Basically you can't. The time that it takes with the ORDER is the actual time for running the full query. Having the LIMIT without the ORDER was just disguising this. If you have available memory in your application you may find it faster to query all of the rows without the ORDER and sort in your application. See this doc on temp tables dev.mysql.com/doc/refman/5.1/en/internal-temporary-tables.html. If MySQL is building a temp table on disk for your query it will probably be faster to put everything in memory in your application then sort it there. –  Ersun Warncke Apr 10 '13 at 14:37

In my experience the fastest way to get performance from an SQL query is to simplify it into multiple steps. Take advantage of temporary tables and reduce the number of joins and operations per step(Eat memory, get speed). Forgive me for possible syntax errors below as I haven't used MySQL for a long time now, but you could rewrite your query as follows:

            ph.call_subject AS callSubject,
            ac.account_name AS accountName,
            DATE_FORMAT(ph.trigger_on, "%c/%e/%Y %h:%i %p") AS triggerOn,
            phone_calls AS ph
            INNER JOIN accounts AS ac ON ph.account_id = ac.account_id
            ac.status = 1 AND ph.status = 1 AND ph.owner_id = 1 AND ac.do_not_call = 0
            AND ph.trigger_on BETWEEN '2012-11-19 00:00:00' AND '2013-03-19 23:59:59' )

ALTER TABLE scratch1 ADD industry VARCHAR(255)
ALTER TABLE scratch1 ADD callCode VARCHAR(255)

UPDATE scratch1 s JOIN industries ind ON ind.industry_id = s.industry_id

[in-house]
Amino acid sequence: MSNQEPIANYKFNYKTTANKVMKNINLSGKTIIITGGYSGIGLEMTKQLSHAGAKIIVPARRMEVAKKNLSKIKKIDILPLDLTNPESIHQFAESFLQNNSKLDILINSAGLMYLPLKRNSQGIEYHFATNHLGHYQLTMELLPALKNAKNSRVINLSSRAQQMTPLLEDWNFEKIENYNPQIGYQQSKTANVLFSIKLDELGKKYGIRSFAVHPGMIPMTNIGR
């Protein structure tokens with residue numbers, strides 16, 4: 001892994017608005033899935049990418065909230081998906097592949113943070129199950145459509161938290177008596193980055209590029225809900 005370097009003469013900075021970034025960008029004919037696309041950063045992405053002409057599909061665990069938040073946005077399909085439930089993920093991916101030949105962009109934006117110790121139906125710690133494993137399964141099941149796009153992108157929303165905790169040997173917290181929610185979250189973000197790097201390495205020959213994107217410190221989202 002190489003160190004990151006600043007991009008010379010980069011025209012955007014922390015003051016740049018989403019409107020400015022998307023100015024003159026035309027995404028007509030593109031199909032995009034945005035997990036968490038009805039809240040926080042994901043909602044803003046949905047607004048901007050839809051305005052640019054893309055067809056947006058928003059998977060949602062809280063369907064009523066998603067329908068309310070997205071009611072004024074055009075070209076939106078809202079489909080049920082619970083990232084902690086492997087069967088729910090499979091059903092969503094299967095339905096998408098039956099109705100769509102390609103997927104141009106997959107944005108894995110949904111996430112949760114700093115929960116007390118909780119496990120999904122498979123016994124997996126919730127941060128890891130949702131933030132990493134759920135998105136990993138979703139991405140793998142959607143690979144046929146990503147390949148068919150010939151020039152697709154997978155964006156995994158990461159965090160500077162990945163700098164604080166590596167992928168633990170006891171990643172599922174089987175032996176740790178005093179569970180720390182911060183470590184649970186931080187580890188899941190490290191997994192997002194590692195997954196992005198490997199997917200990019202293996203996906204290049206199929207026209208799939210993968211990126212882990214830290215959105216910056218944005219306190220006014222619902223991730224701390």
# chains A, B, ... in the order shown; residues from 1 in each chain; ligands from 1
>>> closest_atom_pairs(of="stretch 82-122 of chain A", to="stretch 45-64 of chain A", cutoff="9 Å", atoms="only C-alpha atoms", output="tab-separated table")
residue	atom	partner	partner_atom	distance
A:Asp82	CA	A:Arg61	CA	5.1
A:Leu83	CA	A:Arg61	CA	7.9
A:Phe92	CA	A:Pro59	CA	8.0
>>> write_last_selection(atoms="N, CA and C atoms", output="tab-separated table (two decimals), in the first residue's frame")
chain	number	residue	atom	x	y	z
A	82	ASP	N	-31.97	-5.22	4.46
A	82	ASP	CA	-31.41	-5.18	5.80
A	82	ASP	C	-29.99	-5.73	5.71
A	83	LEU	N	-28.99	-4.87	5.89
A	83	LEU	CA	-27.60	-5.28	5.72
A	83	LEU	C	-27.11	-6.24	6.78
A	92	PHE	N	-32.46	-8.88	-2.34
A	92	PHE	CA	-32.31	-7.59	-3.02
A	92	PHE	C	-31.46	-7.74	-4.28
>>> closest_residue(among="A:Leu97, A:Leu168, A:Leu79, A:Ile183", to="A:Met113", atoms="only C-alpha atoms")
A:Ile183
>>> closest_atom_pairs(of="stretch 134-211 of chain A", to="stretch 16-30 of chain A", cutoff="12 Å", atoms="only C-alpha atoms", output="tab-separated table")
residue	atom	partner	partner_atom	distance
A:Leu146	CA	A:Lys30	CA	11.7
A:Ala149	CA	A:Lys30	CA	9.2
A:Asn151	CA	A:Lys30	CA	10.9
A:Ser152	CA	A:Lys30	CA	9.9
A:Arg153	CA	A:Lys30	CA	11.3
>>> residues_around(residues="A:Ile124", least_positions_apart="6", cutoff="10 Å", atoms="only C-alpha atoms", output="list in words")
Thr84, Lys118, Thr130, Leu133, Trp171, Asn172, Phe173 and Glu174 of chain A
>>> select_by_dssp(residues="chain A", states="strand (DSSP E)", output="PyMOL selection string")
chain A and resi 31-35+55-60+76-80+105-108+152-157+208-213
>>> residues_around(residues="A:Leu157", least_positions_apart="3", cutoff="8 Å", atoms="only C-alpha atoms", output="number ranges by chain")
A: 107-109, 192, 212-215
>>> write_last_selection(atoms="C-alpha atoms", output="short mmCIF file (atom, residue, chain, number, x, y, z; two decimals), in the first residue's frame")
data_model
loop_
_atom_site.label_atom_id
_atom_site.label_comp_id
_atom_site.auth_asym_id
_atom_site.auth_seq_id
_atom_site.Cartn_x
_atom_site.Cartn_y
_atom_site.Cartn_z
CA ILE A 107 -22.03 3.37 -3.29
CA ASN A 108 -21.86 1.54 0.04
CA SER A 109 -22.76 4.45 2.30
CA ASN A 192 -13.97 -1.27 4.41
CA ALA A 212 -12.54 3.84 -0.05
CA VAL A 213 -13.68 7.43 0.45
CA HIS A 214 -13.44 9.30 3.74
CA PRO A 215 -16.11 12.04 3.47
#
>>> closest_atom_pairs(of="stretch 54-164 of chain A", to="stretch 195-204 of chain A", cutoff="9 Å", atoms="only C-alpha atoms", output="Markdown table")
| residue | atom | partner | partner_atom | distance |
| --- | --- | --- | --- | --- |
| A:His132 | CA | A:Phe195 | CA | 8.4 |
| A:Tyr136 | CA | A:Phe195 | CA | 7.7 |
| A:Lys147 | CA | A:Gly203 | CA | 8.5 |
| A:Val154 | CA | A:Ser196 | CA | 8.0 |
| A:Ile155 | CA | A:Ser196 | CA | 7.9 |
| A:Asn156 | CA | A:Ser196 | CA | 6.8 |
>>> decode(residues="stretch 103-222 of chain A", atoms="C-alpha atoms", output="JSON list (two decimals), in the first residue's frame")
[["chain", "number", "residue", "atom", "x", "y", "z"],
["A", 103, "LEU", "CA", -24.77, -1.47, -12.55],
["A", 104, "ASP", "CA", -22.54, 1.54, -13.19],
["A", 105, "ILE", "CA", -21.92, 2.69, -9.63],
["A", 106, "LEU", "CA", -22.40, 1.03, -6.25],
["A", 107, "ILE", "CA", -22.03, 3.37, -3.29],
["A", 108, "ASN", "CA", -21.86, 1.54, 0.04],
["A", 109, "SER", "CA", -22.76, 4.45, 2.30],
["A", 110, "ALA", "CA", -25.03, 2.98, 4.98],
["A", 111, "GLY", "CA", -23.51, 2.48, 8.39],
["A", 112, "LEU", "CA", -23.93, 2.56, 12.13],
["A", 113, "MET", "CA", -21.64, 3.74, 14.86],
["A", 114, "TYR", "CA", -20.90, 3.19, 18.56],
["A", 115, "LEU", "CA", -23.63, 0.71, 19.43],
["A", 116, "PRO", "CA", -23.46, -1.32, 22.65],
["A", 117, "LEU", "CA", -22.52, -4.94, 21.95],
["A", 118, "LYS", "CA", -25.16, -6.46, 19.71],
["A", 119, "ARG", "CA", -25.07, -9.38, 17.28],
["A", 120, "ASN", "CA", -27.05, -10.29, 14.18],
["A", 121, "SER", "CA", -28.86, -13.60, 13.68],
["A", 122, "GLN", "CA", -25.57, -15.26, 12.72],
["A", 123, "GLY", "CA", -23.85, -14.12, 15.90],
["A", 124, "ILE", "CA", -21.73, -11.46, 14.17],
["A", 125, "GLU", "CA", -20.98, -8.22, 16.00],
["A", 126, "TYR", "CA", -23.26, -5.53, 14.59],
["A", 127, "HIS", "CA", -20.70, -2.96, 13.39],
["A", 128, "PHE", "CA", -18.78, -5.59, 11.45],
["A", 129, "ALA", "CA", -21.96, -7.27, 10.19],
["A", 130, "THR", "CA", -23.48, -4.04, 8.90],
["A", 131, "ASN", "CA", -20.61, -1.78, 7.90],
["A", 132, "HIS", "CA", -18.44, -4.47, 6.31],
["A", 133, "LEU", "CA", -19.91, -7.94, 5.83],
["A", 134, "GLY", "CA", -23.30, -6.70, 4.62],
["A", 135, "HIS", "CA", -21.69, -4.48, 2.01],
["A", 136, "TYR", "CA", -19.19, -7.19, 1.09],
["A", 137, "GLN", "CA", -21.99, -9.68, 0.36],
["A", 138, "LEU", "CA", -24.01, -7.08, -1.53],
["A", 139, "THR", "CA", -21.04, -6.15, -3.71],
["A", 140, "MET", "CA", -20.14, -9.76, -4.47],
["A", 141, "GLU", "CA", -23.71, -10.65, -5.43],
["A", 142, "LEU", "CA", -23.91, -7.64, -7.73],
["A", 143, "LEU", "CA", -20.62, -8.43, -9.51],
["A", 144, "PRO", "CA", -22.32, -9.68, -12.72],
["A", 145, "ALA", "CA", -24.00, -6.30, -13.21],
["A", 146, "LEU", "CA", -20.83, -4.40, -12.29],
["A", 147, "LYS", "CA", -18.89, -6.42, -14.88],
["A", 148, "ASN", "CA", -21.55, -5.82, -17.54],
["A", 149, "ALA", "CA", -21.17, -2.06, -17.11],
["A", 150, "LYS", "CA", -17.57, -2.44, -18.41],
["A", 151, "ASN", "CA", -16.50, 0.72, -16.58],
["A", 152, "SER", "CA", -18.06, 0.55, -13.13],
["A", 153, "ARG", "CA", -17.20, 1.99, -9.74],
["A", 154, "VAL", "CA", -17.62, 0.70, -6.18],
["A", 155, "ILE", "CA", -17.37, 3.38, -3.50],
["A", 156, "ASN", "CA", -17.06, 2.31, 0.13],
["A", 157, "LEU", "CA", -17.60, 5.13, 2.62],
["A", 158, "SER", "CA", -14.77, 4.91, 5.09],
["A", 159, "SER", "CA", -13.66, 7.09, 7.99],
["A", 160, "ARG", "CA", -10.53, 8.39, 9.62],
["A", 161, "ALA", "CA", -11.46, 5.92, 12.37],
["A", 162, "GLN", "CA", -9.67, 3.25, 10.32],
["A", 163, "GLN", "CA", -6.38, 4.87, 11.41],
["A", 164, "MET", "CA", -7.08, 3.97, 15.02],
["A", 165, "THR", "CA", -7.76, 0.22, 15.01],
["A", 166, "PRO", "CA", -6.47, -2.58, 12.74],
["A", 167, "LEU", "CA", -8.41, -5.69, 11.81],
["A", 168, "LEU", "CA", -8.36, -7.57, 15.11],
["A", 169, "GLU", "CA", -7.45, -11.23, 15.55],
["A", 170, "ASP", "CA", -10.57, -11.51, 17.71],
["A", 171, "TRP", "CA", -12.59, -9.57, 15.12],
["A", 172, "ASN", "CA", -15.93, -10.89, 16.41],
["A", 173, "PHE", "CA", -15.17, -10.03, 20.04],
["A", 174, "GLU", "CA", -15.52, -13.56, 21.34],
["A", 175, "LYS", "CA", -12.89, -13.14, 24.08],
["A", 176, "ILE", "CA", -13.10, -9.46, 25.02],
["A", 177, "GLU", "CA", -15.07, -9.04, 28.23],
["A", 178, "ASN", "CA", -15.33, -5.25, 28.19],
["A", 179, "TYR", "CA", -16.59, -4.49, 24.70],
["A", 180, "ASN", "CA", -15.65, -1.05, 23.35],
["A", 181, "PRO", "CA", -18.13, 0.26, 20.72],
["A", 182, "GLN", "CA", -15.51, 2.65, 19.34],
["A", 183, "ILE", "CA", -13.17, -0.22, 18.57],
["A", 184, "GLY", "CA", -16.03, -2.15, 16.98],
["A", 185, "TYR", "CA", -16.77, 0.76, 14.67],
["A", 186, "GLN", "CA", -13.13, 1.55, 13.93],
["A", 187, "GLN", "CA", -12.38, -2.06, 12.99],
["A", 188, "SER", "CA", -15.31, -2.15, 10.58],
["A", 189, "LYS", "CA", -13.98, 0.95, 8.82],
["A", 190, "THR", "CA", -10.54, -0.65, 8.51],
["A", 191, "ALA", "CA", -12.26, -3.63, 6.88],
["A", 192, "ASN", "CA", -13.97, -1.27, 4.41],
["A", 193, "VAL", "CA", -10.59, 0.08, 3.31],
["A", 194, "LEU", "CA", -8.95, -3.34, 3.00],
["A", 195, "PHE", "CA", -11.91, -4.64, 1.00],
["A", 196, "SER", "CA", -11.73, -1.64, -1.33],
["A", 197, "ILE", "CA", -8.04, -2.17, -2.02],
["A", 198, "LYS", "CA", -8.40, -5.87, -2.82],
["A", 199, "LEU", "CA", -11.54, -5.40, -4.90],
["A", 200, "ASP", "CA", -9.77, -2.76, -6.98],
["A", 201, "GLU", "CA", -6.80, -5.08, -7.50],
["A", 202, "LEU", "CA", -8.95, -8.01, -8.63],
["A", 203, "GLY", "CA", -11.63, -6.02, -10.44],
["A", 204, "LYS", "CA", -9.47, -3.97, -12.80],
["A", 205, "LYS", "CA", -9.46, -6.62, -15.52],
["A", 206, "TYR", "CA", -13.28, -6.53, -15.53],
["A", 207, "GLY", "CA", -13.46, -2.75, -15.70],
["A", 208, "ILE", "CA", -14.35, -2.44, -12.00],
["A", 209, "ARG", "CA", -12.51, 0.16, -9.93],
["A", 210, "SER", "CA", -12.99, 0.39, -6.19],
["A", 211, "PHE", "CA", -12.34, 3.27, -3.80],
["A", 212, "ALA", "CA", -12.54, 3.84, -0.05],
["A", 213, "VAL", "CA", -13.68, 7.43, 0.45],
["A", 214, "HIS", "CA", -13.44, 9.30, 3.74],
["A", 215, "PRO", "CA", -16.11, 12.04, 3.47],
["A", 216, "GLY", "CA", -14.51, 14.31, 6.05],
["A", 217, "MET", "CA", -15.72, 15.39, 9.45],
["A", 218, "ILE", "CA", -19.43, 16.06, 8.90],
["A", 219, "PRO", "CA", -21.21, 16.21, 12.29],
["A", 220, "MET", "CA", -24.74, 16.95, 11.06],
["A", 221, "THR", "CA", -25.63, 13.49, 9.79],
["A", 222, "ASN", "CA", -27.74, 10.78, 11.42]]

SET s.industry = ind.name

UPDATE scratch1 s JOIN call_codes cc ON cc.call_code_id = s.call_code_id
SET s.callCode = cc.call_code_name

    SELECT * FROM scratch1 ORDER BY triggerOn ASC )

SELECT * FROM scratch2 LIMIT 0, 1000
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I can't use temp table like this. this is a good solution for a procedure not for query that will be executed 1000 a day by system uses. I never user a web app that is using temp table for regular queries. –  Mike Mar 20 '13 at 0:52
Whilst in this case I agree that the proposed temp table will not help, it is rubbish to suggest that they are only useful for procedures and just because you "never user[SIC] a web app that is using temp table for regular queries", does not mean that they are not perfectly reasonable in some scenarios. Please to not come and ask experienced programmers for advice and then claim to know more than them. If you knew that much, you wouldn't need to ask here, would you! –  Captain Payalytic Mar 20 '13 at 10:56
@CaptainPayalytic, I did not say I know more than you! I only said that I never seen this happen for a query that is executed 1000 times a day. But u use your idea a lot in other things like for reporting and for temptory project. Thanks for trying to help :) –  Mike Mar 20 '13 at 13:00
So have you tried the solution I posted for you? –  Captain Payalytic Mar 20 '13 at 14:19

This is to elaborate on Ersun's solution/comment.

Without the order by, SQL evaluates the query. In this case, it is a bunch of joins. Quite possibly, you have indexes on the join fields. So, the query proceeds by reading a record from phone_calls, looking up the data, checking the filter conditions, and returning it. It then goes to the the record and so on. Overall, it probably reads a few thousands or tens of thousands of records.

With the order by, SQL has to evaluate all the records in the query. It has to read all the phone calls, because the very last one might have the minimum value. It then does the sorting and returns the right records.

You might be able to speed up the query by having an index on phone_calls(status, owner_id, trigger_on) to satisfy the where clause.

share|improve this answer
do you mean having one binary table for 3 columns? please note that owner_id value will change based on the user id that is logged in the site. I have the value 1 because this is my personal id. –  Mike Mar 20 '13 at 0:55
@Mike . . . I mean that you want a multi-column index on the table. –  Gordon Linoff Mar 20 '13 at 1:02
But I already have them indexed. I have every column that is used in my column indexed. –  Mike Mar 20 '13 at 3:16